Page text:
The Parliamentary Under-Secretary of State, Department for Education and Skills (Baroness Ashton of Upholland): In the school year 200203, the Special Educational Needs and Disability Tribunal registered 1,076 appeals in which the parents requested specific schools. Of these, 689 were from families seeking a special school place and 387 from families seeking a mainstream place.
Baroness Ashton of Upholland: This information is not held centrally. Parents of children who have statements of special educational needs can express a preference for any school in the maintained sectormainstream or specialwhich they would like their child to attend. LEAs must name the parents' preferred school in the child's statement unless:
Once a school is named in a statement the governors are under a duty to admit the child. Parents can also make representations for non-maintained special or independent schools to be named in statements, but LEAs do not have to name such schools if they feel one of their own schools can meet a child's needs. If parents are unhappy about the school named in their child's statement they have right of appeal to the Special Educational Needs and Disability Tribunal. In 200203:
Baroness Ashton of Upholland: Under The Education (Special Educational Needs) (England) (Consolidation) Regulations 2001, which are set out in Annex A to the SEN code of practice, all LEAs are under a duty, at the time they send to parents a proposed statement or a proposed amended statement following statutory reassessment, also to send a notice with prescribed information. LEAs must inform parents of their right to request an LEA-maintained school, "including an LEA-maintained special school", for their child, and of the LEA's qualified duty to "name" the maintained school of the parents'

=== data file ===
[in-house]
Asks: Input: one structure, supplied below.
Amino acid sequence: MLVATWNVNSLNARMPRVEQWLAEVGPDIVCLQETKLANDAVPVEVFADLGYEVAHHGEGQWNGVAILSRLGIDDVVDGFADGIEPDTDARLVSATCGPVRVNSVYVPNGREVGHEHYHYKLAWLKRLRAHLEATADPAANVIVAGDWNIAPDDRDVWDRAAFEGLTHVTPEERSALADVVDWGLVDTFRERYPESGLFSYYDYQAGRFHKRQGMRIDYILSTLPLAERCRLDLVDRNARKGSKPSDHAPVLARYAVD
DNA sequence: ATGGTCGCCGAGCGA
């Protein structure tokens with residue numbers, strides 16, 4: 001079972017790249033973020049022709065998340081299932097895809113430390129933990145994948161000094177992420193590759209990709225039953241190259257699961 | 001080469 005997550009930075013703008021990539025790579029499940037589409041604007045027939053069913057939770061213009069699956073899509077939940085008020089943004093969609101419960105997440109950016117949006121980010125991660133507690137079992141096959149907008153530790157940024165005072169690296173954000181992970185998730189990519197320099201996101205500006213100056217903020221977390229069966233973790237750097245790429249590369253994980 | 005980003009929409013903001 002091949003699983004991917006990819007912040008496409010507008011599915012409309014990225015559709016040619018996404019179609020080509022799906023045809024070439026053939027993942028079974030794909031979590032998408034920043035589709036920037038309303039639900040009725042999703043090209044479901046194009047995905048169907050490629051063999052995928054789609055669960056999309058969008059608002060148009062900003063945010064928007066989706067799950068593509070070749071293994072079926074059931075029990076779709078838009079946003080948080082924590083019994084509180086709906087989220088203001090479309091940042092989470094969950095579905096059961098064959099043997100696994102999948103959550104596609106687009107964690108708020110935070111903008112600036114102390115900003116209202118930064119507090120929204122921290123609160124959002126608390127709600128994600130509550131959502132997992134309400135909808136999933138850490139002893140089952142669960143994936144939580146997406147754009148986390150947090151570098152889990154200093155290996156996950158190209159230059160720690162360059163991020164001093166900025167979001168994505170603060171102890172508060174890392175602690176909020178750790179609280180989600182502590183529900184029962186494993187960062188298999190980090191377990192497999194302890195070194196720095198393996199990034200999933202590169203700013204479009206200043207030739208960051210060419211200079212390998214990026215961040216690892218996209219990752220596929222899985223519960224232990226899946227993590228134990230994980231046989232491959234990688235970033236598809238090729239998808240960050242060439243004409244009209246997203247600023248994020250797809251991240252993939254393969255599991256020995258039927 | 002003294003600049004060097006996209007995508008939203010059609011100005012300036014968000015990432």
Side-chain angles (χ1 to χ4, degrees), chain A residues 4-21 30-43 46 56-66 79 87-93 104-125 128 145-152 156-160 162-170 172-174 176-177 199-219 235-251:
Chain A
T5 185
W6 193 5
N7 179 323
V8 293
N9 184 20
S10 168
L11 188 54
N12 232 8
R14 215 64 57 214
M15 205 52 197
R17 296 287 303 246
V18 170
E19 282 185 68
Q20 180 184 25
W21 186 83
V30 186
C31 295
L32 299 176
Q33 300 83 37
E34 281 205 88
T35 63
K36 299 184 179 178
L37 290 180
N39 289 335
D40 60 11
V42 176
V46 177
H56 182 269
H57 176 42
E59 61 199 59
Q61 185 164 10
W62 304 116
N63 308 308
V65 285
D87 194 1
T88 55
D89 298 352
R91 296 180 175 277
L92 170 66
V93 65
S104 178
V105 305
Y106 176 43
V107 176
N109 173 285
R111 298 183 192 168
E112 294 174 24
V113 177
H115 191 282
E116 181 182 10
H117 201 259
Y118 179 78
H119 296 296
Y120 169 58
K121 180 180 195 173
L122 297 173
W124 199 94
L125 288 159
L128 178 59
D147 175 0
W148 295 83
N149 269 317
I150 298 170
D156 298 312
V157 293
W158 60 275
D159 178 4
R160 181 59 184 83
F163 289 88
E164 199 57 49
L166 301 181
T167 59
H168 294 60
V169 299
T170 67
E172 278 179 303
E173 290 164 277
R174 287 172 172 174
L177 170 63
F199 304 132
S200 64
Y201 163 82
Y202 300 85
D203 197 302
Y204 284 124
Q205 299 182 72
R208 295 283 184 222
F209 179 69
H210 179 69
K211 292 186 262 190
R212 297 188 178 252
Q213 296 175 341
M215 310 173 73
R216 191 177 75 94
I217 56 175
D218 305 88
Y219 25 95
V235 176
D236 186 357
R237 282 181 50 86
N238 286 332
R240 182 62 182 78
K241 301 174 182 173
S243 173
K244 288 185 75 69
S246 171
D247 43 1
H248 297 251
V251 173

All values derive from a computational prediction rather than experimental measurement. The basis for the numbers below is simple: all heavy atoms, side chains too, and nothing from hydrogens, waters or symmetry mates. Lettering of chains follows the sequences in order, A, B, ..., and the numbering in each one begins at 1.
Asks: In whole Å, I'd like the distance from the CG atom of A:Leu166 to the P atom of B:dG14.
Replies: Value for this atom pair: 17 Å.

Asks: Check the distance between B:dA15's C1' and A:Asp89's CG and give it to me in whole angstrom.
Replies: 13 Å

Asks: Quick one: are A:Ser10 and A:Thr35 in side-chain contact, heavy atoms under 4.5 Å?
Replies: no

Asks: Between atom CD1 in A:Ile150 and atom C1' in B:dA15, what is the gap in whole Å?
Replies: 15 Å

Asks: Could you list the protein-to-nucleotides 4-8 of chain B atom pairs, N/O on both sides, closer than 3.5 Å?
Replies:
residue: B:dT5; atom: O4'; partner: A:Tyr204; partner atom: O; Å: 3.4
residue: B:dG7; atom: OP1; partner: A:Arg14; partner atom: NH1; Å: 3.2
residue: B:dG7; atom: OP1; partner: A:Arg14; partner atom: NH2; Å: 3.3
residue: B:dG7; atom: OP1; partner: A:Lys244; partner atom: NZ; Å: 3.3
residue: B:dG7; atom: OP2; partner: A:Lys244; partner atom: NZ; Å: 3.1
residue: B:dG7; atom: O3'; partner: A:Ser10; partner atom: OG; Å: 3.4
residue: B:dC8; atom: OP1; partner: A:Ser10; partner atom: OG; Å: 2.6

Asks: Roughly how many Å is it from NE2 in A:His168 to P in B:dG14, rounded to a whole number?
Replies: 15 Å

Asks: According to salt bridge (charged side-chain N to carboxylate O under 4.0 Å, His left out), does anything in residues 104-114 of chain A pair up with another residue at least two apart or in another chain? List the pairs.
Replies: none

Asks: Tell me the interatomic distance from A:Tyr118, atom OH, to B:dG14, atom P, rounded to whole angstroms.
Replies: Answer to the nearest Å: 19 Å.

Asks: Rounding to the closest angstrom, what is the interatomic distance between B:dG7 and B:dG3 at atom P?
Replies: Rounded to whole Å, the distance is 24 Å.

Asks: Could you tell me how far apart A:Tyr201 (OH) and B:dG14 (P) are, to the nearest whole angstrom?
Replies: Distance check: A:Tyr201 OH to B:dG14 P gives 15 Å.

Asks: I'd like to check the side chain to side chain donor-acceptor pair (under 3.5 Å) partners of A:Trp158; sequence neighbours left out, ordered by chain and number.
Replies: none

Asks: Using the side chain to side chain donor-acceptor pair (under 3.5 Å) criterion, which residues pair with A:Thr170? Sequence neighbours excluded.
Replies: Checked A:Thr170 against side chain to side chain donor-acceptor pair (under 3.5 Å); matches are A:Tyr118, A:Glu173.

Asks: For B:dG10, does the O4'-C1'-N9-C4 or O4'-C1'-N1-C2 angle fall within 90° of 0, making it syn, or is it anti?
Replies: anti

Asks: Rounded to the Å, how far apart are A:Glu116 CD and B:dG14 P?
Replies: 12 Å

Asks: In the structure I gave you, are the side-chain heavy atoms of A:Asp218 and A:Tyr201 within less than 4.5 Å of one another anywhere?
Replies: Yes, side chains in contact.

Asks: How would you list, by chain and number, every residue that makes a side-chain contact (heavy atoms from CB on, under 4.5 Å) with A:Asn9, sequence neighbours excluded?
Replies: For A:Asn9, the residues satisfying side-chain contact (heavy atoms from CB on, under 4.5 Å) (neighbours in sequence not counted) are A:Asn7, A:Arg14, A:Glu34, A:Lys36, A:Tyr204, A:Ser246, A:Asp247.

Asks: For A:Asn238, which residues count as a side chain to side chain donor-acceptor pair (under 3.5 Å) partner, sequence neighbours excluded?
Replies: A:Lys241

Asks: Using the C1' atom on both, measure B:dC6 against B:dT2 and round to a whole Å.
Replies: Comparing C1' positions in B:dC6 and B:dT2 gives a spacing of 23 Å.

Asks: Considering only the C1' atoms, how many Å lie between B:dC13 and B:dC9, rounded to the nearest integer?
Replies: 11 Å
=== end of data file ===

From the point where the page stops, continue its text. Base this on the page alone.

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choice on the child's statement. LEAs must include a list of maintained primary or secondary schools, as appropriate, with the notice. LEAs must also inform parents of their right to suggest the name of a non-maintained special school or an independent school they would like to be named on the statement and include a list of non-maintained special schools and independent schools approved by the Secretary of State and any such list produced by the National Assembly for Wales. For a proposed amended statement following an annual review a notice containing this information must also be sent. Figures are not collected centrally on how many local education authorities (LEAs) do not inform the parents of children with SEN of their right to request a special school.
The Parliamentary Under-Secretary of State, Department for Environment, Food and Rural Affairs (Lord Whitty): A public consultation exercise carried out last year revealed widespread support for the work carried out by the Inland Waterways Amenity Advisory Council. In the light of these and other responses the Government have decided in principle that the council should continue primarily as a source of strategic advice to Government, navigation authorities and other waterway bodies about the inland waterways generally. The Government have also decided in principle that the council should be reconstituted as an independent body reporting to and supported by Government and that its formal ties with British Waterways should be severed. The Government are at present exploring ways in which these conclusions can be implemented and hope to make a formal announcement about the council's future soon.